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Caliber Collection: Newark mayor plugs jewelry made from guns

January 17, 2013|By Tina Susman
  • A $200 bangle from the Caliber Collection, made from guns and bullet casings seized by the Newark, N.J., Police Department. A portion of the proceeds help fund the city's gun buyback amnesty program.
A $200 bangle from the Caliber Collection, made from guns and bullet casings…

He dragged a woman from a burning building, went on food stamps to be one with his poorest constituents, and has made a couple of "sexiest" lists, but Newark Mayor Cory Booker isn't resting on his leading-man laurels.

Now he's diving into the effort to combat gun violence with the extra oomph his followers have come to expect: by plugging jewelry made from the metal of guns seized by Newark police.

Booker heralded the Caliber Collection, created by jewelry designer Jessica P. Mindich, during an appearance Wednesday night on MSNBC's "The Rachel Maddow Show," a few hours after President Obama urged Congress to ban assault weapons and high-capacity magazines and toughen background checks for gun buyers. Booker supports all those proposals, and others -- such as bracelets engraved with the serial numbers of melted-down weapons.

“It’s a really innovative program,” said Booker, whose city -- the largest in New Jersey and one plagued by gun violence -- is the first to publicly embrace the Caliber Collection, a new line from Mindich’s Jewelry for a Cause business.

Booker was noticeably bauble-less as he spoke with Maddow, but he did give her two bracelets from the collection, each made in part with metal from guns either seized by Newark police or handed over to them. Last year alone, the city collected more than 850 firearms. Newark Police Sgt. Luke G. Laterza Sr. lamented to Mindich when they met last year that on some days, the floor of the department's forensics lab is so covered with seized weapons that it's hard to walk.

“We’re using them as an instrument of buybacks, an instrument of peace,” Booker said of such weapons as Maddow examined the shiny objects crafted from the melted-down metal. They sell for $150 to $375 depending on the type of metal and other materials used; Mindich gives Newark 20% of her proceeds, and this month she handed the city its first check for $20,000.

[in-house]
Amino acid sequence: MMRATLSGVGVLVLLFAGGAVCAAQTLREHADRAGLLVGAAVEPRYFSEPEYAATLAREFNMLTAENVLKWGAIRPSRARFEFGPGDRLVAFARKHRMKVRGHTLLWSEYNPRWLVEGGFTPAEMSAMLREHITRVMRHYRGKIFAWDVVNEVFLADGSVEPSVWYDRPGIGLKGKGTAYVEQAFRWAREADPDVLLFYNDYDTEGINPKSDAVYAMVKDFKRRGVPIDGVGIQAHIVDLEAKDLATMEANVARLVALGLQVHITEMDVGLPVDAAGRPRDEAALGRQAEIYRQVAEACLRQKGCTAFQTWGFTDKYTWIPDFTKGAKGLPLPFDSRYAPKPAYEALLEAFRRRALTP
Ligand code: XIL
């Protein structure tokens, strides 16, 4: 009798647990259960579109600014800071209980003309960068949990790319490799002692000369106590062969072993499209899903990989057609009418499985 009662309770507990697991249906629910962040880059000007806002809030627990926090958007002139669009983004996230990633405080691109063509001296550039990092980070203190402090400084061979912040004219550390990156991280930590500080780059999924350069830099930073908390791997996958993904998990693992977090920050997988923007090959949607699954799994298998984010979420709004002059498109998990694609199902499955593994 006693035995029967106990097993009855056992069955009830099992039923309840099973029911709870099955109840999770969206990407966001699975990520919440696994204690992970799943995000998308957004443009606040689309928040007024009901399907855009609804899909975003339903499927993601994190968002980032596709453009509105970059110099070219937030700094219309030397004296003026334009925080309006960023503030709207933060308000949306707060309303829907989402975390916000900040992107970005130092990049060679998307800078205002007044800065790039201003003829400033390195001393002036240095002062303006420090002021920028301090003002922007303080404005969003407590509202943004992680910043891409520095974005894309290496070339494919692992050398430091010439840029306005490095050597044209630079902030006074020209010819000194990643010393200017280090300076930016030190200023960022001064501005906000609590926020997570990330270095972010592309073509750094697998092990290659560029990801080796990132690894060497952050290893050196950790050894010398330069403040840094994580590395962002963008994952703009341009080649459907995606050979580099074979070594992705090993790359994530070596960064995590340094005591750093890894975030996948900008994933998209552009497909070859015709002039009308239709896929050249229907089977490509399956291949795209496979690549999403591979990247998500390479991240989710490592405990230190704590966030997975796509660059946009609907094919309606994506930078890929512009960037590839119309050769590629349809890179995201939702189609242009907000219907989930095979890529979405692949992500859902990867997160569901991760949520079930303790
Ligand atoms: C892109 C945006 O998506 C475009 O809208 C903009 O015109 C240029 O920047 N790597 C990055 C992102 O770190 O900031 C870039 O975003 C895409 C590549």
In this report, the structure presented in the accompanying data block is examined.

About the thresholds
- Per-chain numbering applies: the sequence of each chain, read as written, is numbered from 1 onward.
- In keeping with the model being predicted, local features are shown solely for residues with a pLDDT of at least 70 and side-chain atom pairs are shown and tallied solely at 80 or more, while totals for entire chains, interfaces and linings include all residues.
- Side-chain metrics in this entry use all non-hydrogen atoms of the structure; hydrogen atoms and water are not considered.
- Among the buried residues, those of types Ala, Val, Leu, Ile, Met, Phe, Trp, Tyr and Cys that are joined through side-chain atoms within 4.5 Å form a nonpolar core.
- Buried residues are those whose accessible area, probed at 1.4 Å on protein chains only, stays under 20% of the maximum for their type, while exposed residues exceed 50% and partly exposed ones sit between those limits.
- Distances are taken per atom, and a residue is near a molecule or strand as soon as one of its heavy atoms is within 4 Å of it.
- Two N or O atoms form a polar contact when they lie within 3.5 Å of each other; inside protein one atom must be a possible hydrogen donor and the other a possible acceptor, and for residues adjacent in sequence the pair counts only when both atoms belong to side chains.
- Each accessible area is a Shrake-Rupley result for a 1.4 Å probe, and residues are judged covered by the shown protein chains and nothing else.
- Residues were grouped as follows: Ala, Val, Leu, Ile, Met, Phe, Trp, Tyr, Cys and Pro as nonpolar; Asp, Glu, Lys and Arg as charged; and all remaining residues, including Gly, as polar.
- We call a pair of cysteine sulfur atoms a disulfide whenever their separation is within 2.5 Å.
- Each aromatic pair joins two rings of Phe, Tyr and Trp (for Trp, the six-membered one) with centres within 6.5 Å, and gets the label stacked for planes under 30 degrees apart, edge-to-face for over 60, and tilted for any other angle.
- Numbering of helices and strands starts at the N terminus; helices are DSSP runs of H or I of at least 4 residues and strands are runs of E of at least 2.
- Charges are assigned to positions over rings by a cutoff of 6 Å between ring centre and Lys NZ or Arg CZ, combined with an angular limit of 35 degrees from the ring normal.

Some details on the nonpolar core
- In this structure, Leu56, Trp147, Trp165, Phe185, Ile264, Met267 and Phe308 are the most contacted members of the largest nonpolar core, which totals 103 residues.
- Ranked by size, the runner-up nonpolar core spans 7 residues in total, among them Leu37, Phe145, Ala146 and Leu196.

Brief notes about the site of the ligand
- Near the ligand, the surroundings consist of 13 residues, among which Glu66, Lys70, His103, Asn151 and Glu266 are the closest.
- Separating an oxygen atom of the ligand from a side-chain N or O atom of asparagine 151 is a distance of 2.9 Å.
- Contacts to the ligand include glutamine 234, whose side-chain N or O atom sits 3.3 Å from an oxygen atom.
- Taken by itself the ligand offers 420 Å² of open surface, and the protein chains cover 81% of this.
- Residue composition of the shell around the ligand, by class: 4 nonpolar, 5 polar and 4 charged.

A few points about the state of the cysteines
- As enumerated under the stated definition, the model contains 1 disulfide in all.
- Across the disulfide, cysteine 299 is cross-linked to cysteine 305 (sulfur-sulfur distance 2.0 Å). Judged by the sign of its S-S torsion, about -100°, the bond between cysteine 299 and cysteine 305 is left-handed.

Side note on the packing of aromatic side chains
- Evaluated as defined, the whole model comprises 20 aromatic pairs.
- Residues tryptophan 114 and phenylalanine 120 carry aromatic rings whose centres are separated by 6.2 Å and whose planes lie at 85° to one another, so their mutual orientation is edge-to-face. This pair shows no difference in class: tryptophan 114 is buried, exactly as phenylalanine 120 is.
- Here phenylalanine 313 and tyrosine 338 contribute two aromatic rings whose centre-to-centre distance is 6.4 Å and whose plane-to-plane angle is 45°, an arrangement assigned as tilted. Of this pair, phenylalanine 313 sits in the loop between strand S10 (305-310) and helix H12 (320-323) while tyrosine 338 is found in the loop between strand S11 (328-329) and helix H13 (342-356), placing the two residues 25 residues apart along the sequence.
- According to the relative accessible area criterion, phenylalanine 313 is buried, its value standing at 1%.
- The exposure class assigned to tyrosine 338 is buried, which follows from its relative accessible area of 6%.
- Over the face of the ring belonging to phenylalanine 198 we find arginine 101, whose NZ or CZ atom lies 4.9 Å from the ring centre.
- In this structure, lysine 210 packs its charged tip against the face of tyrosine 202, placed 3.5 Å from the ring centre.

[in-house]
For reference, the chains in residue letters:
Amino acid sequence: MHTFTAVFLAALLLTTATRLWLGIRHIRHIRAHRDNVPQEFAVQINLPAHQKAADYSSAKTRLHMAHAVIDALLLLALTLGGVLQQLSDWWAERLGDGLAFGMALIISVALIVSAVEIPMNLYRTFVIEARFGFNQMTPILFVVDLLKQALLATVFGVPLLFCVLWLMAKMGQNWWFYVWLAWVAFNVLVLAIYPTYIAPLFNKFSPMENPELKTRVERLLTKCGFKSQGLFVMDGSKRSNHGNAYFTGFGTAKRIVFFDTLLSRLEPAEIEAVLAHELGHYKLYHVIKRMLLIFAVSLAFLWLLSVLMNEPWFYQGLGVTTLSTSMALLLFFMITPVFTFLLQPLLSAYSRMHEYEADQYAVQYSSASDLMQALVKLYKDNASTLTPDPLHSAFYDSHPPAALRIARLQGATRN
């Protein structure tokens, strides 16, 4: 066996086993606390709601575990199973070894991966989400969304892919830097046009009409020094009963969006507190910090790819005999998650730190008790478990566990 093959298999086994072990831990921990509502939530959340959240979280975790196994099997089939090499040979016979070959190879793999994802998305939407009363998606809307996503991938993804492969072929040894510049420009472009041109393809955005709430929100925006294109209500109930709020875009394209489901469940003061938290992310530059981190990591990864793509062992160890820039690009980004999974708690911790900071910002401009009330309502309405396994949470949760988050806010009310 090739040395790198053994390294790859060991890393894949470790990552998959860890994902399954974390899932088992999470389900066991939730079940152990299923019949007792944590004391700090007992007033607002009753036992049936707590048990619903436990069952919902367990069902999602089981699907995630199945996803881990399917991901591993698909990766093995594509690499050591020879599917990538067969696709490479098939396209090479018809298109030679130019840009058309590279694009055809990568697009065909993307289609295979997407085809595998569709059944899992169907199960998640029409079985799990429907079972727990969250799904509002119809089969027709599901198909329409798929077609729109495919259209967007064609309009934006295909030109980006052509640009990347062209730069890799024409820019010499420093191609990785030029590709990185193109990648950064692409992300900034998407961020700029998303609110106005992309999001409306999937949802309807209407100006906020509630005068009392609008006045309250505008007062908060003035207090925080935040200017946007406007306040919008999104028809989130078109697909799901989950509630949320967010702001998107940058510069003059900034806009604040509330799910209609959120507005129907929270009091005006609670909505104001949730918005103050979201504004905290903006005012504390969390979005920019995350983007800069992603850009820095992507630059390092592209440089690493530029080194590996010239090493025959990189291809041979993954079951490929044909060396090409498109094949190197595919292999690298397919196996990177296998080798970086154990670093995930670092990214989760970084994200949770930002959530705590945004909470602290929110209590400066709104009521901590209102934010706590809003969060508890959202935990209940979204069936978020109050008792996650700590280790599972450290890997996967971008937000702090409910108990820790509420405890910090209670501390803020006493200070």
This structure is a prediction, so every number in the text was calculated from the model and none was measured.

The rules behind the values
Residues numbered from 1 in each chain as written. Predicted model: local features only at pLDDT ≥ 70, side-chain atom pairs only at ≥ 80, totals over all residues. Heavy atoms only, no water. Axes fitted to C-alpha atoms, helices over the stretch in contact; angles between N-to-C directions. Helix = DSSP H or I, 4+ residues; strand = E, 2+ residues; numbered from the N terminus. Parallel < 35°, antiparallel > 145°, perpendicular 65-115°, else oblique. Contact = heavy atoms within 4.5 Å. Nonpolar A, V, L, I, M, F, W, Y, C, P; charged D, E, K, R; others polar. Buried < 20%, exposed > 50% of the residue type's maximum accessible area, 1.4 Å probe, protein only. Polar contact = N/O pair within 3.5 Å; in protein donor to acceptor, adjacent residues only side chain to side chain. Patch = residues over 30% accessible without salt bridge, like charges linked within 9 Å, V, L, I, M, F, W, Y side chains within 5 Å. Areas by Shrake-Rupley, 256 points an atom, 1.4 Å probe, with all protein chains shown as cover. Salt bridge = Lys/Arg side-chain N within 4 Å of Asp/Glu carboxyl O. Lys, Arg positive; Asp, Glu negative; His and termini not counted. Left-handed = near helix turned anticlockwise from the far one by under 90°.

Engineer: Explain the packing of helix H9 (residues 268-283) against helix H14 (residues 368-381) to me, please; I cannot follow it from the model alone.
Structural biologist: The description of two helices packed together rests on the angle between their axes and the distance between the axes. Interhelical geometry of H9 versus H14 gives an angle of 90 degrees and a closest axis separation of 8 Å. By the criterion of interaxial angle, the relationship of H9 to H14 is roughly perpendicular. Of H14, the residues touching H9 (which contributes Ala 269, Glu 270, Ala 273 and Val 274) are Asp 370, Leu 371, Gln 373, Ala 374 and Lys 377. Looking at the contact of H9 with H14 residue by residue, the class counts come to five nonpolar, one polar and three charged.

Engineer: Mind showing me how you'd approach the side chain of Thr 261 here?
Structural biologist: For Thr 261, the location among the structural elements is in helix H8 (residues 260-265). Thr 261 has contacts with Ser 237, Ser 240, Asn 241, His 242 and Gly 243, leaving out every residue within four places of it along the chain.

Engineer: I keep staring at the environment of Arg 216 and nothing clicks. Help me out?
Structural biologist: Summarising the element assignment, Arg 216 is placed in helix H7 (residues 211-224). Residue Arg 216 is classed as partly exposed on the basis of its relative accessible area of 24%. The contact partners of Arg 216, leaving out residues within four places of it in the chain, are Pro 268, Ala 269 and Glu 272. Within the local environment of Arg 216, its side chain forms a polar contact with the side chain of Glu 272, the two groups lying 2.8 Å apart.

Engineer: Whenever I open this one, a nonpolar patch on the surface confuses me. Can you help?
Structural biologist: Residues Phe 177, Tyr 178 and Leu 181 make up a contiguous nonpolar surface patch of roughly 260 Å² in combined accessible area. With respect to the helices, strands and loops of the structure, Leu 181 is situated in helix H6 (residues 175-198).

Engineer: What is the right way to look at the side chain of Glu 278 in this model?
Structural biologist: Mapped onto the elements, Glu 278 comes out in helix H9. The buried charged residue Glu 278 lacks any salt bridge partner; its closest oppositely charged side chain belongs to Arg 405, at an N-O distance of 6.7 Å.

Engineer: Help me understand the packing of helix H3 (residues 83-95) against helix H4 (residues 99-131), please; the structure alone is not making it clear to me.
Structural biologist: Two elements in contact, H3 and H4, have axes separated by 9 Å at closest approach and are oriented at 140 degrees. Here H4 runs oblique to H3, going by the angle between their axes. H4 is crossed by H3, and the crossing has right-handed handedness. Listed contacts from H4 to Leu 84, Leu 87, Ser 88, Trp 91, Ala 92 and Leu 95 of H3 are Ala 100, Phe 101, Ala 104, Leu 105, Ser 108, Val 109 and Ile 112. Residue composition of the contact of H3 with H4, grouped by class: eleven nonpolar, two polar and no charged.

Mindich started Jewelry for a Cause in 2008 with the idea of making and selling jewelry to raise money for causes both domestic and foreign. In 2011, she met Booker at a conference and the conversation turned to gun violence and to the gun buyback programs that Newark had used to try to get weapons off the streets.

“My company’s entire ethos is to give back, using jewelry,” Mindich said Thursday in a telephone interview. The Caliber Collection was born, but not before Mindich had to convince Booker and his police that she was legit and that the idea could work.

She described her knees shaking as she walked into a meeting with the police director, Samuel A. DeMaio. “He said, ‘Hey, she seems really passionate, it costs the city nothing, let’s give it a try,’” said Mindich, who had planned a public launch of the Caliber Collection later this month in New York.

“Then the world changed,” she said, referring to the Newtown, Conn., school massacre on Dec. 14, which killed 20 first-graders and six school employees. It catapulted combating gun violence to the top of many politicians’ agendas, and spurred interest in the Caliber Collection, which Mindich -- who is from Connecticut -- had shown to friends and associates. She had already set up a website.

“I was ready. Everything was set up. So we started selling,” Mindich said.

The idea behind it is simple, but it is logistically challenging given legal restrictions on the handling of weapons in police custody.  

Mindich could not be given the guns as is -- she had to get them shredded. That meant transporting boxes full of weapons from the Newark Police Department’s forensics laboratory, under police guard, to a metal management plant in Jersey City. Once the guns were destroyed, Mindich began crafting the steel bangles and cuff bracelets that make up the Caliber Collection. Each item bears the serial number of a weapon and the city’s name.

The money that goes back to Newark will be used to buy back weapons from people who are granted amnesty in return. “So it’s a virtuous circle,” said Mindich, who hopes more cities soon will want their own names on Caliber Collection items.

She is also hoping to expand the collection beyond just bracelets to include perhaps cuff links. Those would better suit Booker, who isn't known for donning bling and whose wrists weren't made for delicate bangles. This is a man who once played tight end for Stanford, after all.

In the meantime, Mindich is sorting through the orders for Caliber Collection bracelets, a volume she described as “astronomical.” They’ve come from as far as New Zealand and the Netherlands.

 “I'm not even sure if they know where Newark is,” said Mindich. She's also getting advice from would-be jewelry designers suggesting items they’d like to see crafted from old guns. Among them: hoop earrings, medic ID bracelets, and tooth grills.

tina.susman@latimes.com

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